FDACs leads $77 million sales effort at PMA show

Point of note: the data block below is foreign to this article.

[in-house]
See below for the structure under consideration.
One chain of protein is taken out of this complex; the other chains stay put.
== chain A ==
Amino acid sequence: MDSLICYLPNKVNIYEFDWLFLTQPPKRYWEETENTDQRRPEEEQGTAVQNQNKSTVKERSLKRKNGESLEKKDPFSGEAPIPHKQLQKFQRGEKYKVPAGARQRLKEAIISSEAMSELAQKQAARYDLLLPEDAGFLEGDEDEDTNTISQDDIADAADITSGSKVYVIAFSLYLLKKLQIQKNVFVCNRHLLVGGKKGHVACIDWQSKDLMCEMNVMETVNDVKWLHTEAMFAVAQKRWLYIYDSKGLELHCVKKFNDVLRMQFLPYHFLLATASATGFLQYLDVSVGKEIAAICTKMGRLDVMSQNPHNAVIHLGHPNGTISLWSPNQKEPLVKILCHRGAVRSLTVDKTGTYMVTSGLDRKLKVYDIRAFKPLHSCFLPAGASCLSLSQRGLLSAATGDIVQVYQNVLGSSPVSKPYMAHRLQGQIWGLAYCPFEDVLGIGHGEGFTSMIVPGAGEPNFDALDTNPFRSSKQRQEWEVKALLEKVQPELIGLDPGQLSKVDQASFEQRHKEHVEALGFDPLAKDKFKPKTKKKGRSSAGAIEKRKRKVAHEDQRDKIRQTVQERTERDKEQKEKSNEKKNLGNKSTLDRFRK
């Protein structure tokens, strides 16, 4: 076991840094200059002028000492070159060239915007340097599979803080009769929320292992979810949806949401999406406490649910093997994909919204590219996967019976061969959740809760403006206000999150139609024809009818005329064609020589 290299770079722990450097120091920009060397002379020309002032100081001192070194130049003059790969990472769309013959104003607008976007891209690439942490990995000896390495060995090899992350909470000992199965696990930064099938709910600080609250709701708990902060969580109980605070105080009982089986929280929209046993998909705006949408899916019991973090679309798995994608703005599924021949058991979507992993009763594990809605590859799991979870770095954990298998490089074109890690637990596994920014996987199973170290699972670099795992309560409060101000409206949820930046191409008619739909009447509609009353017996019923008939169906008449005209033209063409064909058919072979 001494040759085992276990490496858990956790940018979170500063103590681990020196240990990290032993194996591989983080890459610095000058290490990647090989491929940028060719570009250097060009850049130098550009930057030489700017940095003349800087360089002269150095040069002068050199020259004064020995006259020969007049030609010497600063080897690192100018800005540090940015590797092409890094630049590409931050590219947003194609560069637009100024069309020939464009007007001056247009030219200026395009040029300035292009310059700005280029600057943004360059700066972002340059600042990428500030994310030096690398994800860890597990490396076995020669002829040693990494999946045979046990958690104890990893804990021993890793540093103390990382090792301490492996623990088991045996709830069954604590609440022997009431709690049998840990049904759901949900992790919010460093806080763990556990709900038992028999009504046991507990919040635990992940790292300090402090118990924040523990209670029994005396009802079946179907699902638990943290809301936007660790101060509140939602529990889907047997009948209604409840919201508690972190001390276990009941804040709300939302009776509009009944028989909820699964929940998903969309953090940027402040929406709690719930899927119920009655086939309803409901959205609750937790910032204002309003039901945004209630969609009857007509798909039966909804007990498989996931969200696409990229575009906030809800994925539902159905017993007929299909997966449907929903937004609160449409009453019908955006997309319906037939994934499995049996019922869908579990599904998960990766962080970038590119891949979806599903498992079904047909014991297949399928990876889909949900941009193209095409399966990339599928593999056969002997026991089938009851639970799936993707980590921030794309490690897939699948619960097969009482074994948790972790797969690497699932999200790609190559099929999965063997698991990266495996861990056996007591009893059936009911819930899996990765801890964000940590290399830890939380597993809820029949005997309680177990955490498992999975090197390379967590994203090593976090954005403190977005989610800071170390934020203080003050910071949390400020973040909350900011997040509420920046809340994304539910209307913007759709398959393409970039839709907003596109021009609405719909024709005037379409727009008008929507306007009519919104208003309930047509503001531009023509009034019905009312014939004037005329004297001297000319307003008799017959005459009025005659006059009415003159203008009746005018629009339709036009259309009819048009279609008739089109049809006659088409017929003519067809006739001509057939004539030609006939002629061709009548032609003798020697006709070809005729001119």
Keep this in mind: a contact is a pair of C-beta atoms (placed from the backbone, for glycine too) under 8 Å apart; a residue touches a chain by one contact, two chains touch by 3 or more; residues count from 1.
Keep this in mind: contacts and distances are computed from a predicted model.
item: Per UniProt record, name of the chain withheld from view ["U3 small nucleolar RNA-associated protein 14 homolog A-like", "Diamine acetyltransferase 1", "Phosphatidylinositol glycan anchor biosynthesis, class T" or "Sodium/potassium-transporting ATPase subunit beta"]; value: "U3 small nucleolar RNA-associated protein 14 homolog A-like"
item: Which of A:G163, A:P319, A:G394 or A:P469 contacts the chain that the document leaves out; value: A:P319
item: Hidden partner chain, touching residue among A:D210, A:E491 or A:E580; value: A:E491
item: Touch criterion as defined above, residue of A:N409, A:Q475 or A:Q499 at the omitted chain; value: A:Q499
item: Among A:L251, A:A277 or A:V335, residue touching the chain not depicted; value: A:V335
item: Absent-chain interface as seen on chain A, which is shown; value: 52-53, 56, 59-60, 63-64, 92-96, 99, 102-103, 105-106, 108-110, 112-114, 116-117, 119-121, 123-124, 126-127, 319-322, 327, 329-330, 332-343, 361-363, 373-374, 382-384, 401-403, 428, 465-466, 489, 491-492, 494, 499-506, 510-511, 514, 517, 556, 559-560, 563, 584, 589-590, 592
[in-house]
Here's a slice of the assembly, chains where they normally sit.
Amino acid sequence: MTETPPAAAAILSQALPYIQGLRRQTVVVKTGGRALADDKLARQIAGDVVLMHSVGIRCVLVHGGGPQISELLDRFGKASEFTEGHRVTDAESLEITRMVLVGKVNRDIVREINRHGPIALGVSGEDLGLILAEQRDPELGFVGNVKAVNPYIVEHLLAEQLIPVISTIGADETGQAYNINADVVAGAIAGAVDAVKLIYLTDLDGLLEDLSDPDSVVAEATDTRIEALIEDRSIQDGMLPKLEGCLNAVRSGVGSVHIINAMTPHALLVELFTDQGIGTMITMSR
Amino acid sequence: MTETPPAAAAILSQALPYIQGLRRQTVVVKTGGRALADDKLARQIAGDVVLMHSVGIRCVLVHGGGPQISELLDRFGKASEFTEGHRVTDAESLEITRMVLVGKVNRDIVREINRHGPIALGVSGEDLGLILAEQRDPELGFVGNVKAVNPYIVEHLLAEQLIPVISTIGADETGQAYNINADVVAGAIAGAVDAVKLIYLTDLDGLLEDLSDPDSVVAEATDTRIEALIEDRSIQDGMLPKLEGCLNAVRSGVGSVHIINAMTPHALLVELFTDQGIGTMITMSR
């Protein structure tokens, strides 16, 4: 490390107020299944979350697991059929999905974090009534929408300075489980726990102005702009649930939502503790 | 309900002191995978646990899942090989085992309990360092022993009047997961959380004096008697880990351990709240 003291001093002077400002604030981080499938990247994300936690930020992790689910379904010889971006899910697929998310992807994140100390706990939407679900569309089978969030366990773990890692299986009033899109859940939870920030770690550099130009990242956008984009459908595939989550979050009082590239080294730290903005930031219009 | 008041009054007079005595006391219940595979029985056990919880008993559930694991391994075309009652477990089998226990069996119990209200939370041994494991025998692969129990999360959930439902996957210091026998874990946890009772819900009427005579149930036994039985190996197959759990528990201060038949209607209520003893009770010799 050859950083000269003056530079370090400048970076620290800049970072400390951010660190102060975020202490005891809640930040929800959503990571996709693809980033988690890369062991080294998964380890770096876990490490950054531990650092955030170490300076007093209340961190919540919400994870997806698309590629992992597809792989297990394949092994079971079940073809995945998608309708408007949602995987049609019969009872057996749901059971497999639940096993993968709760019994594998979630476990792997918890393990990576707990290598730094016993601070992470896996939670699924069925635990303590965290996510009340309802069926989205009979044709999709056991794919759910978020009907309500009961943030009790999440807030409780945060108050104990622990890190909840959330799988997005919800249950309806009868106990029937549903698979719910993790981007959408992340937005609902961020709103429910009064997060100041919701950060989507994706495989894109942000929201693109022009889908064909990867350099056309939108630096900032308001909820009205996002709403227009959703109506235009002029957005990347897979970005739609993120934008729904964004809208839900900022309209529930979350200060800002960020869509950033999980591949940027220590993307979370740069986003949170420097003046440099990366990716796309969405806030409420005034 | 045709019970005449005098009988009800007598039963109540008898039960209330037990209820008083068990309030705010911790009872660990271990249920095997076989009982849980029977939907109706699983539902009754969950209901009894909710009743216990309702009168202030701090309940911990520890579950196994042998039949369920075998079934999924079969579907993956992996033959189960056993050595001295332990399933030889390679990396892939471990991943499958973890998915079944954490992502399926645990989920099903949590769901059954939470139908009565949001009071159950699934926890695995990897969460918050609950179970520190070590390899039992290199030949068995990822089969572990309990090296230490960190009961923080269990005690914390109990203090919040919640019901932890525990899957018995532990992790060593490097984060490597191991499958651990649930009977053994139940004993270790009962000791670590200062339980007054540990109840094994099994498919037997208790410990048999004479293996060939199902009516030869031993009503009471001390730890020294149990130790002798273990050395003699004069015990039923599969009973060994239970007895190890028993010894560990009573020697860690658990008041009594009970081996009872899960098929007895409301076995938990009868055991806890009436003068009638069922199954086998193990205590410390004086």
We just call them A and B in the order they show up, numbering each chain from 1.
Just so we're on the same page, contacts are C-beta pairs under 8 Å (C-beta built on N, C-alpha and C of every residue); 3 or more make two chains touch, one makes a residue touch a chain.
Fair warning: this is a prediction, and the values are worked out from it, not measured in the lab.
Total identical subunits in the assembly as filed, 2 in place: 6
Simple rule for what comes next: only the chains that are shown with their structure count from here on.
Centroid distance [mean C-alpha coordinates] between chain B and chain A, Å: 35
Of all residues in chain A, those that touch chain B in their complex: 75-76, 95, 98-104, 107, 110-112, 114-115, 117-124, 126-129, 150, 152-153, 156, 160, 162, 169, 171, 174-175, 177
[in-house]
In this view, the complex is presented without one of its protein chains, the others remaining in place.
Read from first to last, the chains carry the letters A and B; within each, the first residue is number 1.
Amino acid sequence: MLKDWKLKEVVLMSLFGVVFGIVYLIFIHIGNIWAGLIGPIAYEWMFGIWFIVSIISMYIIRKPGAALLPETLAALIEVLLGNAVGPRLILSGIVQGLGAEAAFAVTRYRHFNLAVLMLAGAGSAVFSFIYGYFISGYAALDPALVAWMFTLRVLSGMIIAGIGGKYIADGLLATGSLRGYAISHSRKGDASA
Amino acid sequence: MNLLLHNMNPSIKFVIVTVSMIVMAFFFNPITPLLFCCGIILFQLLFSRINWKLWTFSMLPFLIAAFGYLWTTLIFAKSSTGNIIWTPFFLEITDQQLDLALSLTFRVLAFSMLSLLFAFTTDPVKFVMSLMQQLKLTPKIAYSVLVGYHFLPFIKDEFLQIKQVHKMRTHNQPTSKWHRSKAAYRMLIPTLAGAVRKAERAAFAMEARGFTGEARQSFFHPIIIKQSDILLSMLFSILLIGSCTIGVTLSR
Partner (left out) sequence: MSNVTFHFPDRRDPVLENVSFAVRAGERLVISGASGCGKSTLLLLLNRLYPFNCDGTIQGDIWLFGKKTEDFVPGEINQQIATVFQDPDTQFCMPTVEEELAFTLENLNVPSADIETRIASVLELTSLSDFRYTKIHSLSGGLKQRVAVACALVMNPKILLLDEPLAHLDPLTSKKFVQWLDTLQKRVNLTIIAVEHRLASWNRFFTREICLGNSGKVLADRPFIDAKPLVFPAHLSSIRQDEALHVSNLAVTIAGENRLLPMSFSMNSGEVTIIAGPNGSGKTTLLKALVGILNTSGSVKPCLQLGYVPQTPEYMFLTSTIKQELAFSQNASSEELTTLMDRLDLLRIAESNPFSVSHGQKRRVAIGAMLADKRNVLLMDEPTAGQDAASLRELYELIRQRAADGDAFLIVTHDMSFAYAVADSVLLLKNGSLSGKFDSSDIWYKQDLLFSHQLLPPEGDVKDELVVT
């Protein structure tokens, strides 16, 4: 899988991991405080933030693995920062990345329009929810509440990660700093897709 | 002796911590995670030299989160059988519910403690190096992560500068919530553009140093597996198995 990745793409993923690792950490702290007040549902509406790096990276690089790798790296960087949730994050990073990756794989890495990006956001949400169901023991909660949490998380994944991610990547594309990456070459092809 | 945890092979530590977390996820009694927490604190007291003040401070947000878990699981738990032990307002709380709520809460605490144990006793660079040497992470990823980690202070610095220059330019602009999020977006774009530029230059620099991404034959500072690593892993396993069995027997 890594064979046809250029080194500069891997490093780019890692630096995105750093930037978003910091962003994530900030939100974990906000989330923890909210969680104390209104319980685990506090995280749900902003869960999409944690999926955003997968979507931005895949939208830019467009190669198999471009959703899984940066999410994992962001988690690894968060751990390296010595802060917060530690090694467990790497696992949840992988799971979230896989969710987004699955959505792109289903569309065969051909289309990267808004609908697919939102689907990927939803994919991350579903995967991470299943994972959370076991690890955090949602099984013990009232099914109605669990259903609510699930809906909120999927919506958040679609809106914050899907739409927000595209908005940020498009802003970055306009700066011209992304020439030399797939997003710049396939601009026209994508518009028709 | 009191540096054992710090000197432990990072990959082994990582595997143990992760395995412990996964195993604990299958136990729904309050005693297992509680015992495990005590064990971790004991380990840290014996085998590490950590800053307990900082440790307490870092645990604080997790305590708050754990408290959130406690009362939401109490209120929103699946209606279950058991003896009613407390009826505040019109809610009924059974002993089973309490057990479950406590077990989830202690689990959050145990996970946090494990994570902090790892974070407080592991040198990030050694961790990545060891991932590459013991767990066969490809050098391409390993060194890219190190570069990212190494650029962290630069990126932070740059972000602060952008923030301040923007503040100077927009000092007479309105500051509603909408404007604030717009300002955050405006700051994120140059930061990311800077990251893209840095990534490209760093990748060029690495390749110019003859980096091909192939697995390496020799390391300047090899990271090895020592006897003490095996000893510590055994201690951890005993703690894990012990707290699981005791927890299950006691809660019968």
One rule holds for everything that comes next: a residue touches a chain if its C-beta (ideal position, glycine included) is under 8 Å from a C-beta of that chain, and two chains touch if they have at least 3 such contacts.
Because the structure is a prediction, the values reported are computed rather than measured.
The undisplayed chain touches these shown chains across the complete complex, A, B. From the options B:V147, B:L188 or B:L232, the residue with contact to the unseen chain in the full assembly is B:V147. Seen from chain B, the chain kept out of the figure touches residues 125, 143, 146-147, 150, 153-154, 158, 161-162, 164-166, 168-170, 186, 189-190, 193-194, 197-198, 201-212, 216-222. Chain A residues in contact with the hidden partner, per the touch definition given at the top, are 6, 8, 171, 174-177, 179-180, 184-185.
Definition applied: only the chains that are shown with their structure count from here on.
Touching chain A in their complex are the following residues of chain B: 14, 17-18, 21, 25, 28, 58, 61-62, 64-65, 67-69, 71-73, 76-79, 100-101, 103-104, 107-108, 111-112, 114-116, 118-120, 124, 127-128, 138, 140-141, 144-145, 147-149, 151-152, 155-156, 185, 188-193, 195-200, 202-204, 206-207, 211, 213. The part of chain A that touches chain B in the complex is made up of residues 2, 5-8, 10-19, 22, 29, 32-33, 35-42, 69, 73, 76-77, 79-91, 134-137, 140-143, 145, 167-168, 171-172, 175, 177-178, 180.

Florida growers and related agribusinesses generated an estimated $77 million in sales at the annual Produce Marketing Association "Fresh Summit" trade show in New Orleans earlier this month. A total of 18 individual Florida companies, as well as the Florida Blueberry Growers Association and Florida Strawberry Growers Association, participated in a first-ever "Florida Pavilion" created by PMA to give the state's exhibitors a centralized major presence at the event, which draws more than 1,000 exhibitors and 18,000 attendees from more than 60 countries. Buyers include representatives of grocery and food retailers, as well as food service operators such as restaurant chains and food service suppliers. The Produce Marketing Association is the leading trade association representing companies from every segment of the global produce and floral supply chain.Florida Agriculture Commissioner Adam H. Putnam led the Florida delegation, with support from FDACS development representative supervisor Yolanda Roundtree, who has been attending the PMA show for 12 years. "Florida products are second to none, and the demand for these products in the United States and abroad continues to grow," Putnam said. "We are proud to partner with Florida businesses to help them increase awareness and sales of their products to benefit the local and statewide economy." Collectively, the participating companies estimated $28.2 million in sales of products on site and another $49.1 million in projected sales. Although impressive sales results were important, Roundtree said, an even more important aspect of this year's event was the initiative PMA took to create a new Florida Pavilion, which was aggressively supported by FDACS. "We have always had a presence at the show and had individual companies attend and participate with us under our umbrella," Roundtree said. But the new Florida Pavilion concept, she said, gave Florida a consolidated presence in a single location that provided maximum convenience for buyers and maximum visibility for the state's growers and agribusinesses. And as a result, Roundtree said, a record number of individual businesses participated and attended as part of the Florida mission. Major trade shows, both in the U.S. and internationally, are a critical component of FDACS's overall marketing efforts, Roundtree said. "They are very important to the department, not only as a marketing tool for us, but also for the individual companies that participate," she said. "Going to these shows allows companies to be face to face with potential buyers of their products. It's a business to business event designed to put buyers and sellers face to face." Sue Harrell, director of marketing for Florida Strawberry Growers Association, has been attending the PMA show for almost 20 years. She gave FDACS high marks for its support of Florida producers at such industry events and cited a key benefit for smaller companies and organizations. "We exhibit in their 'Fresh from Florida' booth because we have a small marketing budget and we couldn't afford to do it any other way," Harrell said. "And the real estate at the show they had this year was significantly larger than ever before. And a lot of the companies, especially smaller companies, were also able to exhibit because of the cost being lower than it would if they attended the show on their own." And the centralized location made it easier for buyers to find them, Harrell said. "Because all of the Florida companies were in a single location, buyers knew exactly where to go to find every kind of Florida produce." Andy Brown, vice president of marketing at Fellsmere-based B&W Quality Growers, the world's largest producer of watercress and also a grower of specialty baby leaf products such as arugula, is also a longtime supporter of FDACS's presence at the PMA event. "One reason is that the show allows buyers to find Florida produce in a single location because we're all grouped together," he said. "It also gives us a national presence and a bigger voice than any one of us could have individually. The Florida footprint it gives us is just significantly larger than any of us could have by ourselves. And by grouping ourselves together, Florida growers become one of the larger exhibitors at the show. And that also means we also get a better position at the show." The show also delivers good bang for the buck, Brown said. "For the investment you make, you get a much better value than you would if you participated on your own," he said. "For example, an exhibitor's location in the show is determined by how big its footprint is. So with all of the Florida companies exhibiting together, that means there is a major exhibit for the state of Florida, right in the middle, so that no one can walk through the show without bumping into the state of Florida." Next year's PMA Fresh Summit will be in Anaheim, Calif. For more information about FDACS and its marketing programs, visit FreshFromFlorida.com.